Despite a plunge in implied demand to a 20-month low in the first week of 2023, paired with a massive buildup in crude stockpiles surpassing 18 million barrels, oil prices have managed to surge higher this week. Days of supply, which reflects the level of oil in stock relative to current estimates of demand, has made a shocking turnaround in the past several weeks, swinging wildly from a 33-month low of 25.2 in early December to a 19-month high of 29.1 in the most recent week.
That bearish supply data wasn’t enough to derail a fifth straight day of gains for crude futures, which extended their longest winning streak since early October on Wednesday. Part of that can be chalked up to a re-opening of China’s economy as the world’s second largest economy emerges from the economically suppressive “zero-COVID” strategy that was recently abandoned. As of Thursday morning, a soft US CPI print, suggesting prices actually declined -0.1% MoM in December, pushed WTI even higher, close to $79.00 per barrel.
Though commercial stockpiles may have reached a near-term bottom, the continued draining of US emergency supplies has generated ongoing supply risk. The US’s Strategic Petroleum Reserve (SPR), which used to be as large as 656.1 million barrels in 2020, has now been whittled down to its smallest level since 1983 at less than 372.4 million barrels. The combined total of commercial stocks of crude and the SPR closed out 2022 at its thinnest level since 1986. The Biden administration has said they would like to begin re-filling the SPR with fixed-price contracts around $70.00 per barrel, potentially putting a floor below the price of oil. Traders have been aware that WTI crude was nearing the point which the White House’s focus switches from emptying the stockpile to re-filling; essentially, a switch from selling to buying.
However, that switch has yet to occur. After the Biden administration announced they’d be taking bids for a February 2023 delivery worth 3 million barrels of oil, the Department of Energy (DoE) subsequently rejected all offers and told Reuters it would not be “making any award selections for the February delivery window.” It’s unclear if that means the DoE will aim for March instead, or if they are suspending the intended purchase indefinitely, but the department’s protestation seemed to be related to price. Though the Biden Administration has made their desired price point clear, CME crude oil futures do not fall to $70.00 per barrel until June 2025.
The DoE may be getting finicky about price due to a limited amount of funds they have to work with. Through last year’s emergency release, the government sold 180 million barrels at around $96 a barrel, implying $17.3 billion in proceeds. Of that, the Wall Street Journal notes roughly $12.5 billion was stripped away for Congressional use in the latest spending bill. That leaves the DoE with about $4.8 billion of purchasing power. Even if the DOE does manage to refill at $70.00 a barrel, that implies an SPR top-up of less than 70 million barrels, which would only take the SPR back up to 440 million barrels – still similar to 1984 levels.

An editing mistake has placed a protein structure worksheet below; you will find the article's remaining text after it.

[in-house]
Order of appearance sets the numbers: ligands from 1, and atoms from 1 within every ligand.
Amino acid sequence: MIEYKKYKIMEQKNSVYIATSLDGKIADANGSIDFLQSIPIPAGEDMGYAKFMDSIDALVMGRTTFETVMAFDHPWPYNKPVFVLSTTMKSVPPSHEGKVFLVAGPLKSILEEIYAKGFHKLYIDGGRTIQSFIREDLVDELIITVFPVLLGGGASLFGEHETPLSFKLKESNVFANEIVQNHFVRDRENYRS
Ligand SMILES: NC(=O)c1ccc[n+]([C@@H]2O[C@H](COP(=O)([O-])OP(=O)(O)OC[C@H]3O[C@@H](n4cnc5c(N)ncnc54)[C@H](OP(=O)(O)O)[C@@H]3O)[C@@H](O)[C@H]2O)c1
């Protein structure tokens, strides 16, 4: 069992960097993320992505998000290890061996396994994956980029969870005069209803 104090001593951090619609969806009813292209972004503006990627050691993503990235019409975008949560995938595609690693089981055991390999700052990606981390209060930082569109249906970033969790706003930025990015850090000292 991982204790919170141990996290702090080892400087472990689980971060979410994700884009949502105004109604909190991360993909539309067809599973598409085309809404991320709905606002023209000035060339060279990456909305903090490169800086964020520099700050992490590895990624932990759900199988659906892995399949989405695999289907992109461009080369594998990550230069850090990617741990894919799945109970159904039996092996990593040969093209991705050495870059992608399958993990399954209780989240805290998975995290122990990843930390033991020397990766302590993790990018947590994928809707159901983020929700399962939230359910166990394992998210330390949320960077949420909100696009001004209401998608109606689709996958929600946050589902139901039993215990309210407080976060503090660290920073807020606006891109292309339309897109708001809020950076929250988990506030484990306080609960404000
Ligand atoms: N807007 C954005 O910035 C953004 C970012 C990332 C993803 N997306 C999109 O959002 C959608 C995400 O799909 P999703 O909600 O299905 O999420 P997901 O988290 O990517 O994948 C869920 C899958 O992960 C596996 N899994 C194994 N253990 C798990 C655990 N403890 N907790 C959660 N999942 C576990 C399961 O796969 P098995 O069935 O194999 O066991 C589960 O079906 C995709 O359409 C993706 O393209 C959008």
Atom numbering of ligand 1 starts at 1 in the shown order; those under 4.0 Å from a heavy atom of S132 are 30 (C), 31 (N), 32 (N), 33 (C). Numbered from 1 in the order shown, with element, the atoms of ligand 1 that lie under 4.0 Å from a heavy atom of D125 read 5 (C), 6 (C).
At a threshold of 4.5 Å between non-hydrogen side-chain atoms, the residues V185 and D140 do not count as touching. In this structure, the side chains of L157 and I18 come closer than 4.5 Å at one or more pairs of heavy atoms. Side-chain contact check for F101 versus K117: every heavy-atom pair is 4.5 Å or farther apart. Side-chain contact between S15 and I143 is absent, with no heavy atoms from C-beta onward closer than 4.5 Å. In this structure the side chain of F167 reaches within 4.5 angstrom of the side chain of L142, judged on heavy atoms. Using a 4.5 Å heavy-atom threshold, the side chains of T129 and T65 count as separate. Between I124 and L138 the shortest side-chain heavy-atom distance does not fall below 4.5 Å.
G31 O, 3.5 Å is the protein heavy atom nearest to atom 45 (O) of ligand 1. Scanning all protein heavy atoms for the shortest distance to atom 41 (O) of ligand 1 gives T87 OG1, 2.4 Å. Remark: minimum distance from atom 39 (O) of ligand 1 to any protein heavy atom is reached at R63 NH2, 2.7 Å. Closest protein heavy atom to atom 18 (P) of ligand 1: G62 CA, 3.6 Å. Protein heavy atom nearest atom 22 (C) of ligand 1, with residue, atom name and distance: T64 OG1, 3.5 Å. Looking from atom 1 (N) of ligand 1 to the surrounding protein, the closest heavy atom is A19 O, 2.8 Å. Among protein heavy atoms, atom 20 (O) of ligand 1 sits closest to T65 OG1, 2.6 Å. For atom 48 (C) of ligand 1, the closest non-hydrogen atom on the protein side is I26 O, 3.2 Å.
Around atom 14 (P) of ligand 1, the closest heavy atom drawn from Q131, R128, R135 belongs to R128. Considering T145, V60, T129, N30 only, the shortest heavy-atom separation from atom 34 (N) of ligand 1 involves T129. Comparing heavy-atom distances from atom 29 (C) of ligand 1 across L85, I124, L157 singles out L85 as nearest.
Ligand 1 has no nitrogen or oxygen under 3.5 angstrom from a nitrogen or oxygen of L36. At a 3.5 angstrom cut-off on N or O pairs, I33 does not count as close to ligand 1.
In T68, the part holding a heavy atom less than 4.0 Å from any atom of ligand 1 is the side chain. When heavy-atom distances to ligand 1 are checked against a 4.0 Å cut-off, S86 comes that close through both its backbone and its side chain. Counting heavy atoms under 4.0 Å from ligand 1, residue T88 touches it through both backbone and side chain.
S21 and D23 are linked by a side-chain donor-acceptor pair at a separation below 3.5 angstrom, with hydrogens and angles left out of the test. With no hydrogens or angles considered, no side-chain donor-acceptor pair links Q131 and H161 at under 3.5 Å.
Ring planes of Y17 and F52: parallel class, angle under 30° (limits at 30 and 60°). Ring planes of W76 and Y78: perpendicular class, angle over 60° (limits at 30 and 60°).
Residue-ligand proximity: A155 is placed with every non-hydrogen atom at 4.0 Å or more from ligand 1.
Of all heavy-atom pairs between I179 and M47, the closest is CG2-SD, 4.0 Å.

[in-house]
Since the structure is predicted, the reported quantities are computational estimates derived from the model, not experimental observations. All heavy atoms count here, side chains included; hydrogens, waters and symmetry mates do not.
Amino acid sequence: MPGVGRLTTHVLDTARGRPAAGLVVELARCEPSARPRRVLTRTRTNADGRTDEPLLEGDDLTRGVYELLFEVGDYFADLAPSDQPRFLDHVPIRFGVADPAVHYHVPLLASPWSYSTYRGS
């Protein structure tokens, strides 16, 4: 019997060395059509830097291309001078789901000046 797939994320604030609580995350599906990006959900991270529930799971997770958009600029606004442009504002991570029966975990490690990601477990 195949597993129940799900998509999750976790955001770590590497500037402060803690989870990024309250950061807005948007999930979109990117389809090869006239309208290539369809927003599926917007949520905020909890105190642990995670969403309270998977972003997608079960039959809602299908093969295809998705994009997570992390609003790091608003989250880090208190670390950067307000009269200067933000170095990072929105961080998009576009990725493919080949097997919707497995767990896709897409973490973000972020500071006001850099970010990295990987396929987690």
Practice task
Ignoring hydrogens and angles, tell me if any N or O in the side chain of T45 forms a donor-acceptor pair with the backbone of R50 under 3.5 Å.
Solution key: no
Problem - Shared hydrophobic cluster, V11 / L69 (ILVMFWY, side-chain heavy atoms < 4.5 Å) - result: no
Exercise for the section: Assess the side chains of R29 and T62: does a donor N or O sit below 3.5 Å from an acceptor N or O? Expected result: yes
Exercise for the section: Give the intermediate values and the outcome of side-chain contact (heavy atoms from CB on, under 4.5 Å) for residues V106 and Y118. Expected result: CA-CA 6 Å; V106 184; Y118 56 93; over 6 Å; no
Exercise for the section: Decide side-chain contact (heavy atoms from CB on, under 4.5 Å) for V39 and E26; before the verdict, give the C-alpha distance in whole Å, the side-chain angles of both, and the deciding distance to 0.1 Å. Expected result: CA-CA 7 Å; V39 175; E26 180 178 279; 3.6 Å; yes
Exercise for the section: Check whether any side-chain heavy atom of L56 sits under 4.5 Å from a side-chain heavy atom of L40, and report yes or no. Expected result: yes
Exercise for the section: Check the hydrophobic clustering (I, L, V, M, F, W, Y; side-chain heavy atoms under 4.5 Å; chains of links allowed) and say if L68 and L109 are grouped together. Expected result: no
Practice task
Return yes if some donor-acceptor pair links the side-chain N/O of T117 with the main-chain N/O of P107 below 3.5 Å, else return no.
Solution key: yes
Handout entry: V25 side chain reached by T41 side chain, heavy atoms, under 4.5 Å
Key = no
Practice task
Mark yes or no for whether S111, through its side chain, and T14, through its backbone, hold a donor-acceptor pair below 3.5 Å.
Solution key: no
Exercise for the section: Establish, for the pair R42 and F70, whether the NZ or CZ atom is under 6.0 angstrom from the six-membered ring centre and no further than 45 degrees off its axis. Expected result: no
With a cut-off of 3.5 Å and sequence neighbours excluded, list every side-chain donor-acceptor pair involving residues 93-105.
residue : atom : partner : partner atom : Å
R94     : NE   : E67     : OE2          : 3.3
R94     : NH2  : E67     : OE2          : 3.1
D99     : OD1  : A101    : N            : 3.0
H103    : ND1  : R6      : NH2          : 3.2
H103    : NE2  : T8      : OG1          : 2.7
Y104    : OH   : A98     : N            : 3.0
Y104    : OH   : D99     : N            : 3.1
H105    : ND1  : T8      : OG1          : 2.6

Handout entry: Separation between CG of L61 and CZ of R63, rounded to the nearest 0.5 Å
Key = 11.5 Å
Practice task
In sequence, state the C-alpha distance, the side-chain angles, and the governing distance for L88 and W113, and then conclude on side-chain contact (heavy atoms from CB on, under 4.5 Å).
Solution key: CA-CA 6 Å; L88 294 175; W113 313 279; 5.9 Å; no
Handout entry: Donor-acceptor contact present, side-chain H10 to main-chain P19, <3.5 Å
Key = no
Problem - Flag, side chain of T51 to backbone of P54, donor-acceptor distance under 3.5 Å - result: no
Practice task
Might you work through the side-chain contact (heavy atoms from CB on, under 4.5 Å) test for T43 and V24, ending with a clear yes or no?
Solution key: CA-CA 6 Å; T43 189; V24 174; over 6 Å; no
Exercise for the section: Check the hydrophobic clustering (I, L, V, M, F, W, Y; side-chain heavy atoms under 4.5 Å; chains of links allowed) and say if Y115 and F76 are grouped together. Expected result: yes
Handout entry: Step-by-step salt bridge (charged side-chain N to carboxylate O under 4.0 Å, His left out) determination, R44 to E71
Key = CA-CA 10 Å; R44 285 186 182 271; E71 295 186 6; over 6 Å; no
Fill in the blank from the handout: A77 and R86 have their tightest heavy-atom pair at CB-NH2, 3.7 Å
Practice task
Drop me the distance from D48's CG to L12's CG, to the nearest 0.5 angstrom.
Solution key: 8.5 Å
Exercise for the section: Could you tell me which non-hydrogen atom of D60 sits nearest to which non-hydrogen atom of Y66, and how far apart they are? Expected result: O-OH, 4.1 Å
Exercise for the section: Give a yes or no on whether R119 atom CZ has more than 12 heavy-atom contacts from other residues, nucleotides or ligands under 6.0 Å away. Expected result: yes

Despite the pledge to begin re-filling the SPR, emergency stocks are still draining to the tune of millions of barrels per week. More than 3.5 million barrels of crude have been drained from the SPR in the three weeks since Biden announced the US’s intention to begin re-filling the nation’s emergency reserve. If restocking does not take place soon, and the administration chooses to stick with draining the SPR further into 2023, it could increase the risk of a serious energy crisis in the US down the line.
In a further risk to global supplies, Russia and its allies in the OPEC+ coalition have shown they are willing to make significant reductions to oil output to sustain prices, as demonstrated by a massive 2 million bpd cut in October. Prior to the pandemic, OPEC+ would avoid overly aggressive output cuts because the US could backstop production levels and ultimately leverage massive shale output to win a greater market share. However, with US shale about 1 million bpd under previous peak production levels, and the US oil and gas industry hollowed out by more than 100 bankruptcies that occurred in 2020 alone, there is a much smaller threat of the US being able to counter OPEC+ influence in the international market. Goldman Sachs cites OPEC+’s renewed pricing power as a limiting factor to downside risk in crude markets.